And then there's the gorgeous suspended ceiling in our basement that went in a couple of years ago. We installed new recessed lighting at the same time, and the most important fixture was the one behind the bar. So that we could see what kind of beer we were pulling out of the tiny fridge. The bulbs are kind of a pain in the ass to change, but that's okay because they're supposed to last seven years anyway. Except, of course, the one behind the bar is out. Two years later.

I took a look at this to see what was involved in replacing the bulb, and noticed that the ceiling tiles themselves were somewhat askew. I took this as a related mystery and let it go, until the night Trash called me downstairs to alert me to an odd phenomenon that was taking place over her head: soft, feline footsteps traversing the entire length of the basement along the suspended tiles. We hadn't really load-tested the things when we installed it, so we weren't prepared for the fact that we would one day have a brown-and-black cat named Phantom who enjoyed exploring up there. I suppose I should be grateful that she didn't electrocute herself when she inadvertently disconnected the light behind the bar, because it would have been a bitch to get her down.

And then there's the shingles on the roof that are beginning to slip out of place, just in time for winter. And the fact that I put my foot through a floor grate in my study yesterday (at least I didn't step on any apples). And the fact that our thermostat is heating the house five degrees hotter than we actually want it, no matter what number we set it on.

So, really, even though my period of perfect-house enjoyment never fully materialized, I'm glad that these things didn't start cropping up until M. Small was a little less high-maintenance. We'll get them fixed, in good time. Just not as quickly as we did when we had a deadline and no children to take care of. So my period of perfect-house enjoyment will simple have to be postponed a bit. Say, until M. Small goes off to college.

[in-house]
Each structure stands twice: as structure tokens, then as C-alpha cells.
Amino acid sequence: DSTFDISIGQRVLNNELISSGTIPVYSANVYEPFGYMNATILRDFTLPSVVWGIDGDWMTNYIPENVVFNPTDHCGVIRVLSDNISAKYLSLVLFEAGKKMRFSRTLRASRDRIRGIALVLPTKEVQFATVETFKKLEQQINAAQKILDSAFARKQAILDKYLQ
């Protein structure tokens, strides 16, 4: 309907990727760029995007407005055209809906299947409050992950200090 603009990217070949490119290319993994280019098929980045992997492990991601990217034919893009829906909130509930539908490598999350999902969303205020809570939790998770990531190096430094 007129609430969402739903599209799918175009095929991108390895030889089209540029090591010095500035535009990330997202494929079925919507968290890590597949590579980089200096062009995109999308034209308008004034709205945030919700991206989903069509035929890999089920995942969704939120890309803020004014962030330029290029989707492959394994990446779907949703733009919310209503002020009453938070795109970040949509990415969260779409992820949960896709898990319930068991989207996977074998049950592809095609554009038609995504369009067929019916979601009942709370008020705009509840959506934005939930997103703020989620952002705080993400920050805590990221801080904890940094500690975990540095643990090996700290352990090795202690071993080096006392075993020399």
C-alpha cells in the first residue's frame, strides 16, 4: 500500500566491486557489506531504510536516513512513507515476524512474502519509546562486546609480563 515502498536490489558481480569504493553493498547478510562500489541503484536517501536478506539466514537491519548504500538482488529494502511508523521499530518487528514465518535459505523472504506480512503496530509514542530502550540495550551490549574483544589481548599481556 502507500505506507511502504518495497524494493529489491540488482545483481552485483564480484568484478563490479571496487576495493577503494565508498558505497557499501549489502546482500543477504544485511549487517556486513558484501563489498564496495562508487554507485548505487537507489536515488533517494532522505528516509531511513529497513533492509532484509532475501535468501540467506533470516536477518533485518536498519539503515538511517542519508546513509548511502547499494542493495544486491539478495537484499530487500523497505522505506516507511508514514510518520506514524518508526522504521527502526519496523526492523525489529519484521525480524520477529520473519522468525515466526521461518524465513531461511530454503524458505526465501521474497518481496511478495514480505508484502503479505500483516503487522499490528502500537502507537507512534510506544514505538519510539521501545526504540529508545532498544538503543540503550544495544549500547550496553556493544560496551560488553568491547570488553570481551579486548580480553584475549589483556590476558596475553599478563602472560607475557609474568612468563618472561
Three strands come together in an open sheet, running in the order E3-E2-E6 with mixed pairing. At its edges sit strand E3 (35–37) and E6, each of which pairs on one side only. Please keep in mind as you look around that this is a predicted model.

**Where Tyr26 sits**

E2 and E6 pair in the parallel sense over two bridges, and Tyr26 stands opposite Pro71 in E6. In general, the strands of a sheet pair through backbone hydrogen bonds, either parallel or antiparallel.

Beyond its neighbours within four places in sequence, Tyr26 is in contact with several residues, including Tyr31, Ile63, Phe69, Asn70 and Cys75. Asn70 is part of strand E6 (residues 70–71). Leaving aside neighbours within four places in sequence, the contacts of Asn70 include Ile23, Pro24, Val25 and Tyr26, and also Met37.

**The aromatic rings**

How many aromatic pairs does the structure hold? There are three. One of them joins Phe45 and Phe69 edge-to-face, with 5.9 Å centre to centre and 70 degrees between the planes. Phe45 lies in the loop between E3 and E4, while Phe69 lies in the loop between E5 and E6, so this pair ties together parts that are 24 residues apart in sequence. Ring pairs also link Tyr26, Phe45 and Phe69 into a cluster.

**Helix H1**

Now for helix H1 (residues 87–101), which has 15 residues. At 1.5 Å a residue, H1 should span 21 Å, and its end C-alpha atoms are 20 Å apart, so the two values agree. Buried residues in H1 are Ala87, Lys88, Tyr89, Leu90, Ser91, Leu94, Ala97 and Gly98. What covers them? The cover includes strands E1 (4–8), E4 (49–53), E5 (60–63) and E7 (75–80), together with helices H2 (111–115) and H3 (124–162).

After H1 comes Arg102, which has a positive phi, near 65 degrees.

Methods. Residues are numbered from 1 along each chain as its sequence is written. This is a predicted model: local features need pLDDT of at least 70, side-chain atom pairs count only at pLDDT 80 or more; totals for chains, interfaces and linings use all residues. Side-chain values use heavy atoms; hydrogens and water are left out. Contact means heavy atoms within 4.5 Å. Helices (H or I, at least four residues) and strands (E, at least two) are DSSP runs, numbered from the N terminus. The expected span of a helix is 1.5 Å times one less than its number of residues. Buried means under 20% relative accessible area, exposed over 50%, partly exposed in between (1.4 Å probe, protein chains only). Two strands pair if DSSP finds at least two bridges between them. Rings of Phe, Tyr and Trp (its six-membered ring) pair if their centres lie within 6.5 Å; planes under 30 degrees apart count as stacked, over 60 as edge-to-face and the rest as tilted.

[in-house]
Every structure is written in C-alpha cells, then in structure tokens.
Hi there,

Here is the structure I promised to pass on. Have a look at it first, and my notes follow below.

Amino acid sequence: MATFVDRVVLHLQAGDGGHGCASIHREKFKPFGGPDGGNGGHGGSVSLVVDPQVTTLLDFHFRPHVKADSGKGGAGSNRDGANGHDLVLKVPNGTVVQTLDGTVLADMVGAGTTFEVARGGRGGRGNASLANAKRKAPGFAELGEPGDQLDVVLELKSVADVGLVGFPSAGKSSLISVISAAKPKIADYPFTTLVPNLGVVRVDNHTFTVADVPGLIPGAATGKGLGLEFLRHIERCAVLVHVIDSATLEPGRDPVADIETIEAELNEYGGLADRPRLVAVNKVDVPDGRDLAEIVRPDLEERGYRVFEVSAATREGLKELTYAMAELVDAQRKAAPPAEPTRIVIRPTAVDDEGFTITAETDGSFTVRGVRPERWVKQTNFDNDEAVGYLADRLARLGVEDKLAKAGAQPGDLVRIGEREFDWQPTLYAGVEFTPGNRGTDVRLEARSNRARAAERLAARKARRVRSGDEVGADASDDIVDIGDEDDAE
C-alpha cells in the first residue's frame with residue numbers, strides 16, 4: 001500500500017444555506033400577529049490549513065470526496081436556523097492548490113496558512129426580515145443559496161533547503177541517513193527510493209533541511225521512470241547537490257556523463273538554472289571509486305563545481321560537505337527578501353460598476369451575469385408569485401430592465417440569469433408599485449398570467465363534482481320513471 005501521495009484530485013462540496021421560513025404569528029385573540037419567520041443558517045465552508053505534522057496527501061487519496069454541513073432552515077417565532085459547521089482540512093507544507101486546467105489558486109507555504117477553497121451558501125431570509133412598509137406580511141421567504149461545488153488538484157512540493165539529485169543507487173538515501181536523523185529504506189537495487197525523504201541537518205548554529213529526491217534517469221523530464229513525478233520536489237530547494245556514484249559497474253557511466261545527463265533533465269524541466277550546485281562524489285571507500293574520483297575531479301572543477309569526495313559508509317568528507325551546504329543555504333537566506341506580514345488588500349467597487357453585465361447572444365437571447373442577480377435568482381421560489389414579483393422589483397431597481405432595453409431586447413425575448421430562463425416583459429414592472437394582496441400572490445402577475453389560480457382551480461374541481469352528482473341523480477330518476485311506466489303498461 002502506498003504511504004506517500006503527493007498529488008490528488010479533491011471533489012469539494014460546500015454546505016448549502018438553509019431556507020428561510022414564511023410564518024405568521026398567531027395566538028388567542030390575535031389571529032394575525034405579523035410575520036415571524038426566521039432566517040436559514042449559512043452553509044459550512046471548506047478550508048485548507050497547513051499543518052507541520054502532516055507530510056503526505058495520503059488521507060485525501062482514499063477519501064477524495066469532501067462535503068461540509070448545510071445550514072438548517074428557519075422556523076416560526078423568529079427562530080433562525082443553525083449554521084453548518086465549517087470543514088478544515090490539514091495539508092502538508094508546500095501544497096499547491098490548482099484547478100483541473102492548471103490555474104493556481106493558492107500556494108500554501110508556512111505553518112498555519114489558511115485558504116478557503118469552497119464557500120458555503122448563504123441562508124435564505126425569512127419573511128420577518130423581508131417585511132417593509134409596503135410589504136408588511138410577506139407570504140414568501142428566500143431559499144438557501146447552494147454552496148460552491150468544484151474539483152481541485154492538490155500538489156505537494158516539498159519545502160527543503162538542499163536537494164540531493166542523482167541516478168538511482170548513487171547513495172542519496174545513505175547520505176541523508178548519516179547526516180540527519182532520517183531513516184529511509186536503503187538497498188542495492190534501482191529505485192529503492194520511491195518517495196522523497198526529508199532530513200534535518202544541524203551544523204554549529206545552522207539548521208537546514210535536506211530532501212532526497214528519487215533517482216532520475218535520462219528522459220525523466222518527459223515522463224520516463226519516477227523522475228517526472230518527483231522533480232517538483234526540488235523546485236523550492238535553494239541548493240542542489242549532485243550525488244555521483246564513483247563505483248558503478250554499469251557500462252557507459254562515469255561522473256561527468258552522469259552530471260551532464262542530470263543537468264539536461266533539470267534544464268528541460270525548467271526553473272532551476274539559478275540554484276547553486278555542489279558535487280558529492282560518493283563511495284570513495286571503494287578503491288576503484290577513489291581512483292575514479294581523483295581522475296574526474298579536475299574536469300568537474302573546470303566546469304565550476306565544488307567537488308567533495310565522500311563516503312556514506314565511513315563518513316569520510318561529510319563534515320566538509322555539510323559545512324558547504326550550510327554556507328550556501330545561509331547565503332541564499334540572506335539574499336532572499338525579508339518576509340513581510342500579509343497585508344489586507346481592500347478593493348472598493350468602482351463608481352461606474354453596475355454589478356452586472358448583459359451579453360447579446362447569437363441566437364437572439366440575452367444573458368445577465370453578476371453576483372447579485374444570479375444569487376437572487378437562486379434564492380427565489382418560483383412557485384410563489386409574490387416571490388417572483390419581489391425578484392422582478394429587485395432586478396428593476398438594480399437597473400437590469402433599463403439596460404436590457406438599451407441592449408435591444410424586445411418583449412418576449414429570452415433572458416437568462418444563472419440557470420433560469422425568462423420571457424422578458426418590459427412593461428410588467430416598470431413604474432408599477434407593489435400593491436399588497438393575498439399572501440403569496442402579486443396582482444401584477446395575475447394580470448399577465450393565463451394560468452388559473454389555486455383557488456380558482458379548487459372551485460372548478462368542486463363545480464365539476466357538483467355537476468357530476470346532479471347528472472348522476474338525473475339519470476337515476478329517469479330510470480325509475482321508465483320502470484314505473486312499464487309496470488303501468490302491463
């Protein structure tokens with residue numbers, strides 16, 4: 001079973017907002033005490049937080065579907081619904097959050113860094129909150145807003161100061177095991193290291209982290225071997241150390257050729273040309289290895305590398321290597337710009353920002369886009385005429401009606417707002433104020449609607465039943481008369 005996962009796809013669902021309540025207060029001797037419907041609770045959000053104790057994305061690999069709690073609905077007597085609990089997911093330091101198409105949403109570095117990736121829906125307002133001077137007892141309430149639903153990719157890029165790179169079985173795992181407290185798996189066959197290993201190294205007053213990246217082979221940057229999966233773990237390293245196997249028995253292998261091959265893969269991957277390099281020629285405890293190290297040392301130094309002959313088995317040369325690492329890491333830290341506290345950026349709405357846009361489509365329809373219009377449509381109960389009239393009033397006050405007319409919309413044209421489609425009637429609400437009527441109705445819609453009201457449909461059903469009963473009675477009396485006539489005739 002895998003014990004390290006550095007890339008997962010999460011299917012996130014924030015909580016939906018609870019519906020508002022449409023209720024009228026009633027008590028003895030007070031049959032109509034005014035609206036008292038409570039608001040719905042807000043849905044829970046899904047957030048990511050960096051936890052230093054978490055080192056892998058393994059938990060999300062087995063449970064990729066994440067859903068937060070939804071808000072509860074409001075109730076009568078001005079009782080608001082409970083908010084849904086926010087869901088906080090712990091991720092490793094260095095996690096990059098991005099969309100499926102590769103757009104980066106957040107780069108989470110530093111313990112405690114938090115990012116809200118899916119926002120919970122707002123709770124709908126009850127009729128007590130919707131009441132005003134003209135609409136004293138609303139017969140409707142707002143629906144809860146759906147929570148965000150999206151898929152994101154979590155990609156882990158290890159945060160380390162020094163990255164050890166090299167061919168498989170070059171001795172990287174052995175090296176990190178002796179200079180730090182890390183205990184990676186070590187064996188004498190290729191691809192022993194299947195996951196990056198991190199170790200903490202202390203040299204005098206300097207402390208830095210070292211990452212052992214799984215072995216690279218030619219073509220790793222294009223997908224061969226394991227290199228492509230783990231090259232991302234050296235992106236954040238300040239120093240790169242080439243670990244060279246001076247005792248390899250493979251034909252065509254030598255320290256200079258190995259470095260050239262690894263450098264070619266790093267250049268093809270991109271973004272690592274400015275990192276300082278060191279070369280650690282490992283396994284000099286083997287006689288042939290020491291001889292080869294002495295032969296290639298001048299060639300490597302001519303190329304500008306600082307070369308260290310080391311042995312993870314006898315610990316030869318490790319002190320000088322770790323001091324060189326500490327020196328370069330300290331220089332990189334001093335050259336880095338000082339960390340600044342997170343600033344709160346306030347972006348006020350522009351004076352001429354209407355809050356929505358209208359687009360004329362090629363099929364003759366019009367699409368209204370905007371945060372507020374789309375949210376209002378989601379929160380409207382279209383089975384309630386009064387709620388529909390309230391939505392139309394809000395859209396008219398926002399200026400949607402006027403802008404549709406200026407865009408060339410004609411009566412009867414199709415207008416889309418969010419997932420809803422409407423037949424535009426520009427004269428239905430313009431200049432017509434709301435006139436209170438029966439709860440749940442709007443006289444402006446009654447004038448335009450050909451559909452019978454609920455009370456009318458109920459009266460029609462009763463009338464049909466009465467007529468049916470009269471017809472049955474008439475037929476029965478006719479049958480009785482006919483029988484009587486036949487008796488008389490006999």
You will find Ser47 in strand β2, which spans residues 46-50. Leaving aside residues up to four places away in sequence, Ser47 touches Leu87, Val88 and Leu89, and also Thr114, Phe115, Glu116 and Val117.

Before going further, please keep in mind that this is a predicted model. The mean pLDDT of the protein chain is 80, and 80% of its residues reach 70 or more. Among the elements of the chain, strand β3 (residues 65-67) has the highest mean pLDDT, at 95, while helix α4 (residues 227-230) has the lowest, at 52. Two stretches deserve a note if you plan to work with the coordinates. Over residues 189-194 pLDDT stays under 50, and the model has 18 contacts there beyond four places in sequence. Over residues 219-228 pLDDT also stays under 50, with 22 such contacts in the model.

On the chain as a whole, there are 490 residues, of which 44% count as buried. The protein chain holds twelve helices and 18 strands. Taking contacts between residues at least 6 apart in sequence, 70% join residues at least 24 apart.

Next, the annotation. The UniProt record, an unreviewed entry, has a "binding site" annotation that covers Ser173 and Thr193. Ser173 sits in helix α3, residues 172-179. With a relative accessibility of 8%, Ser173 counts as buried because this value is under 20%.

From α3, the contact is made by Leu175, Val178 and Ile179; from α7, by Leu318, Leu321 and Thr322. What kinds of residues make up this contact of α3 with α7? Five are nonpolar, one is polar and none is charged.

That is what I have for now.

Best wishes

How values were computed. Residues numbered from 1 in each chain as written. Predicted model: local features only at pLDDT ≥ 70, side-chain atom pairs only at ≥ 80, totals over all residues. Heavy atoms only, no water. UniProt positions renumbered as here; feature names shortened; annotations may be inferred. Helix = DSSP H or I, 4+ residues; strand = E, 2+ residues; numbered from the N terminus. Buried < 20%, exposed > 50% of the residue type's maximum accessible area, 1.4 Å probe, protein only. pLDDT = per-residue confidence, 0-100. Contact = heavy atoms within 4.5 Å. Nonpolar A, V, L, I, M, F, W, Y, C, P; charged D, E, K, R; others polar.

Today's best search phrase: "Portable BMI calculator." You know, I think they're pretty much all portable these days. Sure, the original BMI calculators were computers that filled up entire rooms, but there have been a lot of advances since then.

posted by M. Giant 10:17 PM 5 comments

5 Comments:

You don't have to wait until M. Small graduates. You just have to wait until he is old enough to work on the house with you. Or better, FOR you.

By Anonymous Anna, at November 17, 2005 at 7:40 AM  

But the grass out back finally looks nice...

By Anonymous Chao, at November 17, 2005 at 8:07 AM  

...just in time for snow, though, right?

By Blogger Febrifuge, at November 17, 2005 at 10:30 AM  

"Plus I had heard somewhere that a house in great shape could go about seven years without any major maintenance."
Hahahahahahahahaha!
Home ownership is like a long term monthly payment plan to Home Depot.

By Anonymous TB, at November 17, 2005 at 11:26 AM  

Heh heh heh. Several years ago, my cat found a way to get up into the suspended ceiling in our family room, from the unfinished basement on the other side of the wall. She was cured of her penchant for going where no cat had gone before when she crashed through the tiles and hurtled 8 feet to the floor. It was like a feline atomic bomb going off in the middle of the room. She actually warped the metal grid things that hold the ceiling tiles up, even though she was a relatively small cat. So if you can't figure out how she's getting up there and put an end to it, you may soon have yet another household repair on your list!

By Anonymous Diane, at November 17, 2005 at 2:25 PM